However. I am planning some Madeline L’Engle reading for next year, starting with a reread of A Wrinkle in Time. Yes, of course this is because of the upcoming film adaptation. And the fact that I asked for and received a box set of the Time Quintet books several years ago and still haven’t (re)read them. And then I thought, “hey, there’s a movie coming out–maybe I’m not the only one who wants to (re)read this?” So let me know if you think you might want to read along – if there’s enough interest in a A Wrinkle in Time RAL prior to the March release (I’m thinking January), I’d be willing to host. Alternatively, if there’s already a RAL planned/running, please point me that direction as I haven’t found it yet!

Now, just to clear the deck off first…

The Classics Club

And the Title Is….

 

Cover: Mary Barton by Elizabeth Gaskell

With #4 spun, it looks like I’ll be reading Mary Barton over the next few weeks (hopefully!). It’s been a while since I’ve read Gaskell, but I do really like her, so I’m excited for this one. And it will be nice to get back to some Victorian literature; it’s been quite a while.

Looking forward to a short work week, too—hopefully some extra reading time to get this started.

Happy reading!

Classic Children's Literature · RAL · Reading · The Classics Club

Coming Soon: Classic Children’s Lit Event, 5

2017-ral-original

I’ve been more absent from here lately than I’d like–it seems like February is just a month that I don’t get along with. But now it’s March, the sun is shinning (and it’s supposed to be half-way warm this week!), and that means the 5th edition of the Classic Children’s Literature Event is just around the corner: April–less than a month away! I can’t believe this is the 5th year.

alice-original

As in years past, I will be reading an optional readalong title. I really waffled over what to pick this year, but finally opted for one of the runners up from last year’s poll: Alice’s Adventures in Wonderland. It’s been many, many years since I last/first read this–I believe in fourth grade, so I don’t remember it all that well other than that’s is odd, something that must surely appeal to many, as evidenced by the recent movie adaptations (confession: I haven’t actually seen them). Although I have an illustrated version that also contains Through the Looking-Glass and What Alice Found There, I decided to pick up The Annotated Alice from the library. Still a coin toss as to which book I’ll read from.

Event Basics

  • During the month of April, read as many Children’s Classics as you wish and post about them on your blog and/or leave a comment on the event page on this blog. I will have a link page starting the first of April to gather posts so that we may share as we go.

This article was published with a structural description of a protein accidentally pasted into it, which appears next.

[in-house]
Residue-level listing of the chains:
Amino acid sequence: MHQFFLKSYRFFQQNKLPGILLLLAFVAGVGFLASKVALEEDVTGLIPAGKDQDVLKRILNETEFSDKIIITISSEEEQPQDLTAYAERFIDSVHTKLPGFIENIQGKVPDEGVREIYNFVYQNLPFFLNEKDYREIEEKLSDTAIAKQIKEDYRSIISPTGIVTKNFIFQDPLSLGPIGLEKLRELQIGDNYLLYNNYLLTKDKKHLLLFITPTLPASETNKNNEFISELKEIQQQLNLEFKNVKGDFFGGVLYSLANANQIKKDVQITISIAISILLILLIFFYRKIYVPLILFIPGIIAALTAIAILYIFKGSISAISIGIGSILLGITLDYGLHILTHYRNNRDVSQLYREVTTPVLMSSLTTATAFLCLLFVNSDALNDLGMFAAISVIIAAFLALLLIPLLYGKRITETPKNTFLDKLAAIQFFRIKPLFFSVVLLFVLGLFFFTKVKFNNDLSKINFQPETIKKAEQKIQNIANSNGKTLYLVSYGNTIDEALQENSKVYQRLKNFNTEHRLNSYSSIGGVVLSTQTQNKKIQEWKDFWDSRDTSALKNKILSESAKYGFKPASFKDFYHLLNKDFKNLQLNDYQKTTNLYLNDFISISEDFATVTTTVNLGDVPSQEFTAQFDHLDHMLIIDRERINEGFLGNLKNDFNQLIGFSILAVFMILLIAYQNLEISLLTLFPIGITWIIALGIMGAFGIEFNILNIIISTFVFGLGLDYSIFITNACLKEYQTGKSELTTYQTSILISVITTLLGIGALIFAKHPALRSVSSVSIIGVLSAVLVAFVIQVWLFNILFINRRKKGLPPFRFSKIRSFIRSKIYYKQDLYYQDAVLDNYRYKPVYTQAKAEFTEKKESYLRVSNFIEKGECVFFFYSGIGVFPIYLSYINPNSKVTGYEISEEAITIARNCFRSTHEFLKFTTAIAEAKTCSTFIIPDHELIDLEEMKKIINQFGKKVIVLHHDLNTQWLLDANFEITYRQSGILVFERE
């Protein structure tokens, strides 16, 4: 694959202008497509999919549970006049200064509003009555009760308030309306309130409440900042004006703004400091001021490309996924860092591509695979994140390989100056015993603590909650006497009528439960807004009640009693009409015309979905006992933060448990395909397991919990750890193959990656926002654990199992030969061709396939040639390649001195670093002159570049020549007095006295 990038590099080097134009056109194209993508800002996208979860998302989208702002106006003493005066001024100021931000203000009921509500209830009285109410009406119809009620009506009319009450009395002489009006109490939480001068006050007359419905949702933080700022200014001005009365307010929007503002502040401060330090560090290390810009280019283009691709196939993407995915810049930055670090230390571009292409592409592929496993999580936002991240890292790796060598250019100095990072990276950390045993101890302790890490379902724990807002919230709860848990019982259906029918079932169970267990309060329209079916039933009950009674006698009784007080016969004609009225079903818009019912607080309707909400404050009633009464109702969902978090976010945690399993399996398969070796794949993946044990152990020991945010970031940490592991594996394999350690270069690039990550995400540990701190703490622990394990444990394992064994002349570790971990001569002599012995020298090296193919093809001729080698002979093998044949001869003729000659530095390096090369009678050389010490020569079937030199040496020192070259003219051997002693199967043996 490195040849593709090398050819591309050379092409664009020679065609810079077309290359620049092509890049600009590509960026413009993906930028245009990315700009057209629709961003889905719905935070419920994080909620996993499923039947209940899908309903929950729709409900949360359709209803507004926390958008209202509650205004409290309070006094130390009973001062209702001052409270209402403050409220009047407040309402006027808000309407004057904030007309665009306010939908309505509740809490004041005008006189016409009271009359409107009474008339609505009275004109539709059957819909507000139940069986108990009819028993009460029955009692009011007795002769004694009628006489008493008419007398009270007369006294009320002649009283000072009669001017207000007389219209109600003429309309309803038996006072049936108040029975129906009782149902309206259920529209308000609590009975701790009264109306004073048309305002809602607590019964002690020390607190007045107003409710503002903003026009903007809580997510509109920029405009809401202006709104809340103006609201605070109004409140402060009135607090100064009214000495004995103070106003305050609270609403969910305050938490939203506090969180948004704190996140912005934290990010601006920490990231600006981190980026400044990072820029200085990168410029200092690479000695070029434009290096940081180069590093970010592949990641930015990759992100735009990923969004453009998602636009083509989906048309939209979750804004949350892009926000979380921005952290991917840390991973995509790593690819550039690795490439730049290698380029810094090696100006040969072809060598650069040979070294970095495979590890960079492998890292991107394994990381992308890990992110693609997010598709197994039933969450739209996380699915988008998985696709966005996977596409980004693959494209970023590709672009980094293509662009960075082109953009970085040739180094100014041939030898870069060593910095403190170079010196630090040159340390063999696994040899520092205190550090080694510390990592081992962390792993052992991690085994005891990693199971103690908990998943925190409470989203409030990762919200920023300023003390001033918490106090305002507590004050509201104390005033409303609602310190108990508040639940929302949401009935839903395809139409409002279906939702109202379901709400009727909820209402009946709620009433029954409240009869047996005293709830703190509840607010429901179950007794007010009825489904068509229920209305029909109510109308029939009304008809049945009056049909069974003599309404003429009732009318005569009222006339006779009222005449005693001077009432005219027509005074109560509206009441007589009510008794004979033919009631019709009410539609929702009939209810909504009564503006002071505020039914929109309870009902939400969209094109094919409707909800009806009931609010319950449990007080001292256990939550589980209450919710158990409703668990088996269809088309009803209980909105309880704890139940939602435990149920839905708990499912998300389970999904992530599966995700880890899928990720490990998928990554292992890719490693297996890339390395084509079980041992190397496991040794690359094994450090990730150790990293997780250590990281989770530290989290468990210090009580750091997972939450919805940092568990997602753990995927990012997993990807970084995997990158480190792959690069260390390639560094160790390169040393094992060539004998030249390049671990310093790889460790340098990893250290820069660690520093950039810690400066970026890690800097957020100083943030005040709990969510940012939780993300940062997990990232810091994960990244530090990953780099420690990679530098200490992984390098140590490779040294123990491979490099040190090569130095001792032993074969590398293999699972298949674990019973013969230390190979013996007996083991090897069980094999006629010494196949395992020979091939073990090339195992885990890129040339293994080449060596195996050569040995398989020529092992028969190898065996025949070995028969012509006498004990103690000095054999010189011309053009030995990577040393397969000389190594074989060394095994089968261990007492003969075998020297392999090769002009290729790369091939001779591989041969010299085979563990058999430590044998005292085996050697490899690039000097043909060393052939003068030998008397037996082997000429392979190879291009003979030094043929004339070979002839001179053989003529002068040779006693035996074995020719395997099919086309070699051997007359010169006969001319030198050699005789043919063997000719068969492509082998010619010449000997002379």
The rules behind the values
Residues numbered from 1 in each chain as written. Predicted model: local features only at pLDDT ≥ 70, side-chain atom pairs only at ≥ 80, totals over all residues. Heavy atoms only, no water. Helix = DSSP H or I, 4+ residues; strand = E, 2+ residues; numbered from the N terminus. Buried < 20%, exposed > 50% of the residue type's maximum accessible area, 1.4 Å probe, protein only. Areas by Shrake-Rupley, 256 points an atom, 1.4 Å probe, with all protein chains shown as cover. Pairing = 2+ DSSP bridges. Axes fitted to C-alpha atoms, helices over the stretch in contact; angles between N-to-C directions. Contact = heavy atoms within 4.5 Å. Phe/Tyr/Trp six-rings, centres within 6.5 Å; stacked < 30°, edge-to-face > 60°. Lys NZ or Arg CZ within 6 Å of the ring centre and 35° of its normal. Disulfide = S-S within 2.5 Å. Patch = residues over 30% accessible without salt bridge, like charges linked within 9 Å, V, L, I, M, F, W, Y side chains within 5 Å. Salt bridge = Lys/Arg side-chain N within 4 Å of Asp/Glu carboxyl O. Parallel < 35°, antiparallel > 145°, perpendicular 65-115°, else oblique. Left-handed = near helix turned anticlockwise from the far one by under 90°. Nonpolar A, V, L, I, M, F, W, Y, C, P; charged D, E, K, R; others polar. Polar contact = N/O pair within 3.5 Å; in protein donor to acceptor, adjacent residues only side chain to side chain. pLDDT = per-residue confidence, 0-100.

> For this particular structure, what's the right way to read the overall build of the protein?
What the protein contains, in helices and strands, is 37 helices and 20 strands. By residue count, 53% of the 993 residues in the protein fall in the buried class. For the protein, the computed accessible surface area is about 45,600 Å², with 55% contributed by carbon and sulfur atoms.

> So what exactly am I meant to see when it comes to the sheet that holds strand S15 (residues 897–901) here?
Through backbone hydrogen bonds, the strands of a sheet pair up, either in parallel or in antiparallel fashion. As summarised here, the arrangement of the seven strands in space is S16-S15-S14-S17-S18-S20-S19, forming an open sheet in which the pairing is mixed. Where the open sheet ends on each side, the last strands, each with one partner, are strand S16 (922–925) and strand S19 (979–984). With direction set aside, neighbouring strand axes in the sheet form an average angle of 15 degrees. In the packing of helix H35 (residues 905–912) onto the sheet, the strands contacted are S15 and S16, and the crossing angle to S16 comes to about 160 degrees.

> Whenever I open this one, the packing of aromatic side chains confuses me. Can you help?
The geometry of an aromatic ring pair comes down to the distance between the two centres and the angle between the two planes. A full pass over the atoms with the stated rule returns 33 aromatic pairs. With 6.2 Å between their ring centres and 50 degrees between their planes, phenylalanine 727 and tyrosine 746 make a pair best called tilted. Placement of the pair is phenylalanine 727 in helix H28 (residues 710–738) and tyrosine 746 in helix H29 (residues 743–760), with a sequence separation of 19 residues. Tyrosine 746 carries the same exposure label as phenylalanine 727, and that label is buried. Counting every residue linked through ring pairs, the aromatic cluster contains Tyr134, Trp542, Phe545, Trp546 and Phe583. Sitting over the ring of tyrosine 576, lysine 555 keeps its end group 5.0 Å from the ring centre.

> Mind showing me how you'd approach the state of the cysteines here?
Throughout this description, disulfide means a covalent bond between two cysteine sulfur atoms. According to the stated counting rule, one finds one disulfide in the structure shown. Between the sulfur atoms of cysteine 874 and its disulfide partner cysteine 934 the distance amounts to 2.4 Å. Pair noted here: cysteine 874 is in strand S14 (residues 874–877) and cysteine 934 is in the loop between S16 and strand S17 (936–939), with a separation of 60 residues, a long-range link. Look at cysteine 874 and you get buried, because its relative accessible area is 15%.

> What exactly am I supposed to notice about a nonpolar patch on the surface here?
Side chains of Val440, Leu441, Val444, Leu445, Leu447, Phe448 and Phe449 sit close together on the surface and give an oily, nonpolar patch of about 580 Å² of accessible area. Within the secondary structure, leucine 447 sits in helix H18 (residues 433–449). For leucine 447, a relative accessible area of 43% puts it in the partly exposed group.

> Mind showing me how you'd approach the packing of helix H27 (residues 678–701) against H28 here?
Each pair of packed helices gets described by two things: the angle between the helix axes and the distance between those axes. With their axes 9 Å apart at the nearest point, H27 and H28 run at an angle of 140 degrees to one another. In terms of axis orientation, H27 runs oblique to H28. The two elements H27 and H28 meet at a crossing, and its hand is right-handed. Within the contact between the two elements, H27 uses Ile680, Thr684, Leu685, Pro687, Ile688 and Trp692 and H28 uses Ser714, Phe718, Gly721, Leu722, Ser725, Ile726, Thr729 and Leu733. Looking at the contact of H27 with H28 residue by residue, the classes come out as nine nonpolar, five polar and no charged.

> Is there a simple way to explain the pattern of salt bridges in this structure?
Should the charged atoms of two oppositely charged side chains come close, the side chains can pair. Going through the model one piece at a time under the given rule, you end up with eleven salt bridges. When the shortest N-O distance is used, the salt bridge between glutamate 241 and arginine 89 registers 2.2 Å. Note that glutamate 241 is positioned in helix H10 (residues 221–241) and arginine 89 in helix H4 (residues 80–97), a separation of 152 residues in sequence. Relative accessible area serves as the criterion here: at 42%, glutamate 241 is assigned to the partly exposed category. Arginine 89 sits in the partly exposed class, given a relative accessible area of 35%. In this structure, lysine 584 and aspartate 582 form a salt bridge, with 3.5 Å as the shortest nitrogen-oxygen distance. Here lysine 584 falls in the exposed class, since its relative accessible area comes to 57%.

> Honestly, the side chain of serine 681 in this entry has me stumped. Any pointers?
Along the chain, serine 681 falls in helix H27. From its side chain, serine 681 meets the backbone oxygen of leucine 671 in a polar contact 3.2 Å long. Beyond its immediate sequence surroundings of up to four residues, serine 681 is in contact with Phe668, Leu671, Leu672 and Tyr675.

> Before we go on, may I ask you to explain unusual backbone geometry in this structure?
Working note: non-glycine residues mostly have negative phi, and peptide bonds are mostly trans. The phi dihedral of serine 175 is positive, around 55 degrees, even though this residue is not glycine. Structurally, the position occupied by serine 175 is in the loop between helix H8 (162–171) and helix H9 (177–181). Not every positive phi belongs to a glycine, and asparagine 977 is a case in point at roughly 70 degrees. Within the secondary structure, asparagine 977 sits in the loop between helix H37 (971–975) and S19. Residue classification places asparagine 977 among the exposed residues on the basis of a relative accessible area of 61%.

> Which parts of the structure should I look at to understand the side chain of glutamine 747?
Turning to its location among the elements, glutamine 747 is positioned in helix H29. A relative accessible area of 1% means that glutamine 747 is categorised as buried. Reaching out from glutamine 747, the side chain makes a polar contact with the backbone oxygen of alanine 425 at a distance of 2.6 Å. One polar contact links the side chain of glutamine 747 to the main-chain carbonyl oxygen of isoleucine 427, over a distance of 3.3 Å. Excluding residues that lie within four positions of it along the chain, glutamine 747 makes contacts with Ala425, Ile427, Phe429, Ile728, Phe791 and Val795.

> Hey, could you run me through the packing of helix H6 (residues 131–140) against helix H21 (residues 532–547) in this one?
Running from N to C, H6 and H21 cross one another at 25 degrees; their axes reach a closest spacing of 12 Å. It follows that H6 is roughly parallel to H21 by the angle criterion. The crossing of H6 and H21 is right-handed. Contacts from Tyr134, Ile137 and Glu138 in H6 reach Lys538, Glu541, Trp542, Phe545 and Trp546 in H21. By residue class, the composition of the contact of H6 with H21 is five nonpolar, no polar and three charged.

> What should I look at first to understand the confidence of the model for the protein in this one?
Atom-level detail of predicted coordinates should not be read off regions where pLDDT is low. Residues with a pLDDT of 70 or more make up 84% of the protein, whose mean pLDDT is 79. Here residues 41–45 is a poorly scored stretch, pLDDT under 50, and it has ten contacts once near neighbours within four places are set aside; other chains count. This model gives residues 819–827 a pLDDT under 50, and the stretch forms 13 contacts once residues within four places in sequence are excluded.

• The optional RAL title: Alice’s Adventures in Wonderland by Lewis Carroll. (Optional: also read Through the Looking-Glass. I’m guessing I won’t get through both.) I plan on discussion the weekend of April 21-23.
  • I’m not going to be the “children’s classics” police. Use your own judgement for what fits the category but if you want some guidelines, these are what I’m going by:
    • I think many of us have read more recent children’s books that we may already deem “classics” (for example, many people feel that way about the Harry Potter books), but for this event, I’d prefer if we read books that were written prior to 1967. This will still allow a lot of options, and will hopefully avoid the “but what is a classic” dilemma! (And yes, 1967 is rather arbitrary. Rebel if you wish, but 50 years old seems a good age.)
    • Defining “children’s,” especially prior to 1900 or so can be a challenge as some books we think of as “children’s” today may not have been intended that way at the time. Personally, I’d say books appropriate for approximately an elementary-school aged child or preteen (to read or to have read to them) should be fine. I’d personally also count the various fairy tales, even though some of the earliest versions were not exactly family friendly.
    • Feel free to include books from any country, in translation or not. I have limited exposure to non-American children’s lit, so I’d love to learn about books from other countries myself.
    • Feel free to double up with other events or challenges if you wish.
  • And if you need ideas I posted
  • There is no deadline for joining or participating (other than, of course, the end of April).

Most important: Have fun!

Please let me–and other participants–know in the comments of this post if you are interested in participating, and let me know if you have any questions. Also, please feel free to use any of the event/RAL images on your own blogs.